Three Daily Practices to Increase Self-Awareness (Hint: It Involves Paying Attention)

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Developing self-awareness is a bit like giving yourself therapy.

We know the version of past selves, but it’s often difficult to connect that to the here and now. We arrive at our opinions through our experiences. And then, we have new and different experiences that change how we see ourselves and the world.

Self-awareness involves the study of ourselves from an objective point of view and a willingness to be genuinely honesty about how we move through the world. And like anything else, developing it takes practice.

Think of your self-awareness as a muscle that needs to be strengthened. There are many ways to do this, and you can apply this goal to the various actions you take on a daily basis.

We’ve all become geniuses at creating blocks between ourselves and our awareness. We also won’t stop adding device after device that distracts us from interpersonal connection. Everyday, there’s a new app, updated phone, or revolutionary contraption to rob us of being still and focusing inward.

Self-awareness is understanding your motives, thoughts, feelings, and how they translate into behavior. It’s reading others and observing the truth in their reactions. How many times have you encountered a close-talker? And what do you typically do? You back away, right? What do they do? They come closer. Every. Single. Time. Does this mean zero self-awareness? Of course not, but when people struggle with proprioception, it’s one indicator they could use some practice in the self-awareness department.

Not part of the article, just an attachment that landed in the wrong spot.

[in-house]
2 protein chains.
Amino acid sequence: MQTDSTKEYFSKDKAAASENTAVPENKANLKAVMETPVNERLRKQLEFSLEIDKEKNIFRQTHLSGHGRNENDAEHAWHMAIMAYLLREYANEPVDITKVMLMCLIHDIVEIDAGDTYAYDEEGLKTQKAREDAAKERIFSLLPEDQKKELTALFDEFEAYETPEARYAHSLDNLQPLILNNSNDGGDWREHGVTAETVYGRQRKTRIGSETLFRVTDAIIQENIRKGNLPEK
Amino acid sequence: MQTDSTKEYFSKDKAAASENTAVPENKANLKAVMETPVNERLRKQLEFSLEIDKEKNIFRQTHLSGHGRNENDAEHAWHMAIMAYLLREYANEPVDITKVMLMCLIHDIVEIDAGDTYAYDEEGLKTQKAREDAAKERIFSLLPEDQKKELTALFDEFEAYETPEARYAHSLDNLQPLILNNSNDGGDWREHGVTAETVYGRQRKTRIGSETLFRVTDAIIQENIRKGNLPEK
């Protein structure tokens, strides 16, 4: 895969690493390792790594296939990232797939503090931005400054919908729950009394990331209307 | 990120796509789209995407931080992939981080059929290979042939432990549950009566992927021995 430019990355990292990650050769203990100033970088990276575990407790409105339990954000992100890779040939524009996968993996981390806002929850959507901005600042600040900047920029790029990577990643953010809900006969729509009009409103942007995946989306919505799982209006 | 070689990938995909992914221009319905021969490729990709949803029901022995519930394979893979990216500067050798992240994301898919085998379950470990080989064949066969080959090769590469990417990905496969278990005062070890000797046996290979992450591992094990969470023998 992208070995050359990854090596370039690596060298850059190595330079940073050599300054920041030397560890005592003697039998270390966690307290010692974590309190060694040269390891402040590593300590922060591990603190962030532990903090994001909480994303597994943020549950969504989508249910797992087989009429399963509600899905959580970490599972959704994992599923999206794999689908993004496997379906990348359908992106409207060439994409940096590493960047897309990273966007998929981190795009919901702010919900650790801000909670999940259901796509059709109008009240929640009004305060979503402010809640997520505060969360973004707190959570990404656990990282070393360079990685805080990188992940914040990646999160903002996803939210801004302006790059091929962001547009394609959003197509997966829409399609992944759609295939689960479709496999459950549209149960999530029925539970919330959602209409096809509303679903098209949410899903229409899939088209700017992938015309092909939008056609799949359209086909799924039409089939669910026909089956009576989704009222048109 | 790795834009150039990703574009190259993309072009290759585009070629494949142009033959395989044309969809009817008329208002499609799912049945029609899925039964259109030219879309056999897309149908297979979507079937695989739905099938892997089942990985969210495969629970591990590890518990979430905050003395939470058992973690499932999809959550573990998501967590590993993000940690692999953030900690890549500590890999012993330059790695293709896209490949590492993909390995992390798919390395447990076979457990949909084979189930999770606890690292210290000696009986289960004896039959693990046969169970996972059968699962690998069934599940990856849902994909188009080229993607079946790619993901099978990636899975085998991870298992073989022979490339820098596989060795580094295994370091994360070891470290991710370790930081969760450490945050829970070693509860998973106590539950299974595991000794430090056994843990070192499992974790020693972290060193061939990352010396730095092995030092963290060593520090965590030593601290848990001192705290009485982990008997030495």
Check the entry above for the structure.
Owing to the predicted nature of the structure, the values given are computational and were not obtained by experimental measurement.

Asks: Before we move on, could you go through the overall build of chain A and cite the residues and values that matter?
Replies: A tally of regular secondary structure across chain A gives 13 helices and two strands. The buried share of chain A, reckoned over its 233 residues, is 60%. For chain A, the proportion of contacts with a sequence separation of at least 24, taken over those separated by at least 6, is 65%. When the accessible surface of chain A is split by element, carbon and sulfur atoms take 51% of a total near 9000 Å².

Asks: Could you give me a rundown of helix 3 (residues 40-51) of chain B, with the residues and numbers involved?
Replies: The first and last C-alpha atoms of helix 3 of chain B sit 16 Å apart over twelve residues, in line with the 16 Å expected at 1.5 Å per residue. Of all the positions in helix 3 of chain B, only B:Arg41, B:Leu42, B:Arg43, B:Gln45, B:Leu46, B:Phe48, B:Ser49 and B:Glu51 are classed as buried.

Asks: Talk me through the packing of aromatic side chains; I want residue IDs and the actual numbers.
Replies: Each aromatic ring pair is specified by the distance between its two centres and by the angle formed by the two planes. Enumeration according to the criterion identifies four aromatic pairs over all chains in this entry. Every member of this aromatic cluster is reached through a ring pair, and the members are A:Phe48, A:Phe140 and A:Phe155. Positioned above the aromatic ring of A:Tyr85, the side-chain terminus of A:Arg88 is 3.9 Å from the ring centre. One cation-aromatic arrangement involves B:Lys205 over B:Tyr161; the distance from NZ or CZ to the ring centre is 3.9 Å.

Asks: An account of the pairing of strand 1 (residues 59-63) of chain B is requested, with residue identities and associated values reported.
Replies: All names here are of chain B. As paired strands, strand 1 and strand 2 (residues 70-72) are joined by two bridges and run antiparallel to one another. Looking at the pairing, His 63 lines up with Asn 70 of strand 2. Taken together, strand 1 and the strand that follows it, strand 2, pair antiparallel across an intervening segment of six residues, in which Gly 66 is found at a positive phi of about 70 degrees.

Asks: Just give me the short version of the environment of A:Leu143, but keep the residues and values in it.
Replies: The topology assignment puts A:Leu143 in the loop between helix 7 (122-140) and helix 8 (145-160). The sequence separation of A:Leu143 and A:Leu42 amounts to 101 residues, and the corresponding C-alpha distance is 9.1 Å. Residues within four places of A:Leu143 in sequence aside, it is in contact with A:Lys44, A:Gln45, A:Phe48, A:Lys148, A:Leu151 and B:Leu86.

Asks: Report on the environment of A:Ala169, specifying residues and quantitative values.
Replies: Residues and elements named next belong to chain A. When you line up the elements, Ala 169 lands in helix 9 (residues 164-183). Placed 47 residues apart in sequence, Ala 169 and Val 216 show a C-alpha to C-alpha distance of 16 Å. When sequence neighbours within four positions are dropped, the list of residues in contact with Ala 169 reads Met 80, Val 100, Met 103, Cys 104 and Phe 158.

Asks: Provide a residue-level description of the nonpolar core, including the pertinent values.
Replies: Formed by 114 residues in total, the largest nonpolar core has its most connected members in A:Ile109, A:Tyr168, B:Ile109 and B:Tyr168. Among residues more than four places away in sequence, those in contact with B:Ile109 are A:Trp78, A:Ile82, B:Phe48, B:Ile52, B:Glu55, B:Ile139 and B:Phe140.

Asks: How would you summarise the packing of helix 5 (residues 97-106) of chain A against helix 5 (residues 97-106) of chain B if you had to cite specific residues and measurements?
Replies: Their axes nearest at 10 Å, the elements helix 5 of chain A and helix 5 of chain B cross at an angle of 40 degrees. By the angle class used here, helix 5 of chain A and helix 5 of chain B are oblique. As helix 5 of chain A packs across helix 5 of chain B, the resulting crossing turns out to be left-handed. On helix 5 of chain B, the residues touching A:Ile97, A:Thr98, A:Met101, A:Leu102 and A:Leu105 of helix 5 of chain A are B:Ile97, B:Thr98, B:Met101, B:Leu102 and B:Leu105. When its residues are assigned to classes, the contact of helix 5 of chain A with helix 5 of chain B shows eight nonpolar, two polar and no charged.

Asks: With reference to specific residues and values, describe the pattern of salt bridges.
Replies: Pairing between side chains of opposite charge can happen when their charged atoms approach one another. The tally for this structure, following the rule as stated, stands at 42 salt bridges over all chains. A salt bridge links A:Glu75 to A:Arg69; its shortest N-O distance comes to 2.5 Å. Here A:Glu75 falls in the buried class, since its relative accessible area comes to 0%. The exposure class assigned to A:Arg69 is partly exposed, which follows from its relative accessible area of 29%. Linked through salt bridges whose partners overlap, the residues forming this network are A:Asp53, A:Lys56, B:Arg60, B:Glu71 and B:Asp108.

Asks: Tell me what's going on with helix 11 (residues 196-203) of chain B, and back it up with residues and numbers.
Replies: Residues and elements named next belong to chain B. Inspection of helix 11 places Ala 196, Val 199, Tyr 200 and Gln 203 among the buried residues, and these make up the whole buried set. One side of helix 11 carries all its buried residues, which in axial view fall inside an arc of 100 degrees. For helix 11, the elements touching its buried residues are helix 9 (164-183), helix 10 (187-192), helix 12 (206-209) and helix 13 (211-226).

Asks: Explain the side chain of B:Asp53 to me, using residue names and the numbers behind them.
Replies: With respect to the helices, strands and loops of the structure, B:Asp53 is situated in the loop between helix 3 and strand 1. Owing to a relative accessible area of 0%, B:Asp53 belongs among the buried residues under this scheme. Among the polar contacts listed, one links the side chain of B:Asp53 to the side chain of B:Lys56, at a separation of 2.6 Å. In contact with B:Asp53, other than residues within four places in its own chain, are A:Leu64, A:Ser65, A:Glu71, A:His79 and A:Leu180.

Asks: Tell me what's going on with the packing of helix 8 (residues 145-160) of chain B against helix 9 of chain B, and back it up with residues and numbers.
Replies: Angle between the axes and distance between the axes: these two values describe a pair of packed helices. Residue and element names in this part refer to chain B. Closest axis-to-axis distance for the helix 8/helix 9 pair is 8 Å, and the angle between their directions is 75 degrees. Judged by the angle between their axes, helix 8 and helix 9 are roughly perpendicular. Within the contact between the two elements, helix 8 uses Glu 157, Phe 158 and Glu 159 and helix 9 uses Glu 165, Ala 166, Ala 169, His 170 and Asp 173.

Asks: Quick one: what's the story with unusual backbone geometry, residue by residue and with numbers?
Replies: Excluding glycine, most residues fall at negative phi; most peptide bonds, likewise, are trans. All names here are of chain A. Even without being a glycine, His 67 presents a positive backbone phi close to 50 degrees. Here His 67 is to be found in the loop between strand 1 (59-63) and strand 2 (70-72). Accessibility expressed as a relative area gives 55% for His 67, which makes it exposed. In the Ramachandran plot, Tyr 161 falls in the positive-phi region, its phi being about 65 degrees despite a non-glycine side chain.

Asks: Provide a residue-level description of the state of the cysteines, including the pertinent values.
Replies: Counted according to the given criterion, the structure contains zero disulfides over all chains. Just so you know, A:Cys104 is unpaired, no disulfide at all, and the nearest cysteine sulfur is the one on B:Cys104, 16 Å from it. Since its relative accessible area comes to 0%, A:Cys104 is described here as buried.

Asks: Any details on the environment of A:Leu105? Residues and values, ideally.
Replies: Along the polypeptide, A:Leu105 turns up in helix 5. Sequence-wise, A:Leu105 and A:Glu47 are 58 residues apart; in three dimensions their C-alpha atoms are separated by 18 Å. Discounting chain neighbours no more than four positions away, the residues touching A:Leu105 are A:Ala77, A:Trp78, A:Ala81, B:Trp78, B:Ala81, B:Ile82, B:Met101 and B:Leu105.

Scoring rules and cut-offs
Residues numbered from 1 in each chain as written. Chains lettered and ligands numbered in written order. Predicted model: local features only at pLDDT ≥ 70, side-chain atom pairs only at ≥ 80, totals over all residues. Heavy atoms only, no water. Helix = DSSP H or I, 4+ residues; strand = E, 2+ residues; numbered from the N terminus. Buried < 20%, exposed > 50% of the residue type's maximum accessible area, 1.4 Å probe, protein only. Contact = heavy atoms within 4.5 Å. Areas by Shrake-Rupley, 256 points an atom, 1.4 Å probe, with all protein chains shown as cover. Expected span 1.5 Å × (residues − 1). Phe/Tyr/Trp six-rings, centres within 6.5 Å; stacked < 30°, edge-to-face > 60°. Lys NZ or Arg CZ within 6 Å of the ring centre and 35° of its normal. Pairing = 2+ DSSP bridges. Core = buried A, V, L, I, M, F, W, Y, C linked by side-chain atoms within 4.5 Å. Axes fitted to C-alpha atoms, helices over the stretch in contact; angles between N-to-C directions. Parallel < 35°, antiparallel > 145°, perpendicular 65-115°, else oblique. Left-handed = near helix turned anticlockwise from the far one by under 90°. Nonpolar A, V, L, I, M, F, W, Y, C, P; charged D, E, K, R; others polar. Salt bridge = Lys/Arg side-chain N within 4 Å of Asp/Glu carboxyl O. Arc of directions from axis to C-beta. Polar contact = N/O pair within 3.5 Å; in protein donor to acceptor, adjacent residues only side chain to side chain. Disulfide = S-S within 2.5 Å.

In his excellent article on how self-awareness is the path toward habit-change, author and philosopher Paul Jin eloquently asks, “Do we embrace the “ignorance is bliss” adage when a bright light shines on our flaws? Do we simply escape the reality of who are and let the tides of the day carry us adrift? Or we do face ourselves and move onward towards a path that allows us to reinvent ourselves to embrace our best, truest selves, regardless of how painful it may be at times?”

Do we embrace the “ignorance is bliss” adage when a bright light shines on our flaws? Do we simply escape the reality of who are and let the tides of the day carry us adrift? Or we do face ourselves and move onward towards a path that allows us to reinvent ourselves to embrace our best, truest selves, regardless of how painful it may be at times?

Damn good question Paul. The answer is obvious, yet avoided because change is viewed as being hard. Everyone loves talking about how difficult change is. Okay, but is it harder than remaining the same, and unhappy? That looks, tastes, and feels much more laborious. So let’s flip the script. Change is in fact easier than staying stuck inside a sticky, cramped web of ignorance.

Alright, now we’re all hot and bothered to change, and change it up big, correct? How? How do we increase our self-awareness in a palpable, motivating way? Let’s make the beginning stage of this process really simple so we stay the course, and possibly even grow to enjoy it. Below is a list of things we all do regularly, maybe even daily, so there’s no action you need to add, other than the self-study piece of the equation. Here’s a few examples of how you can actively become more self-aware: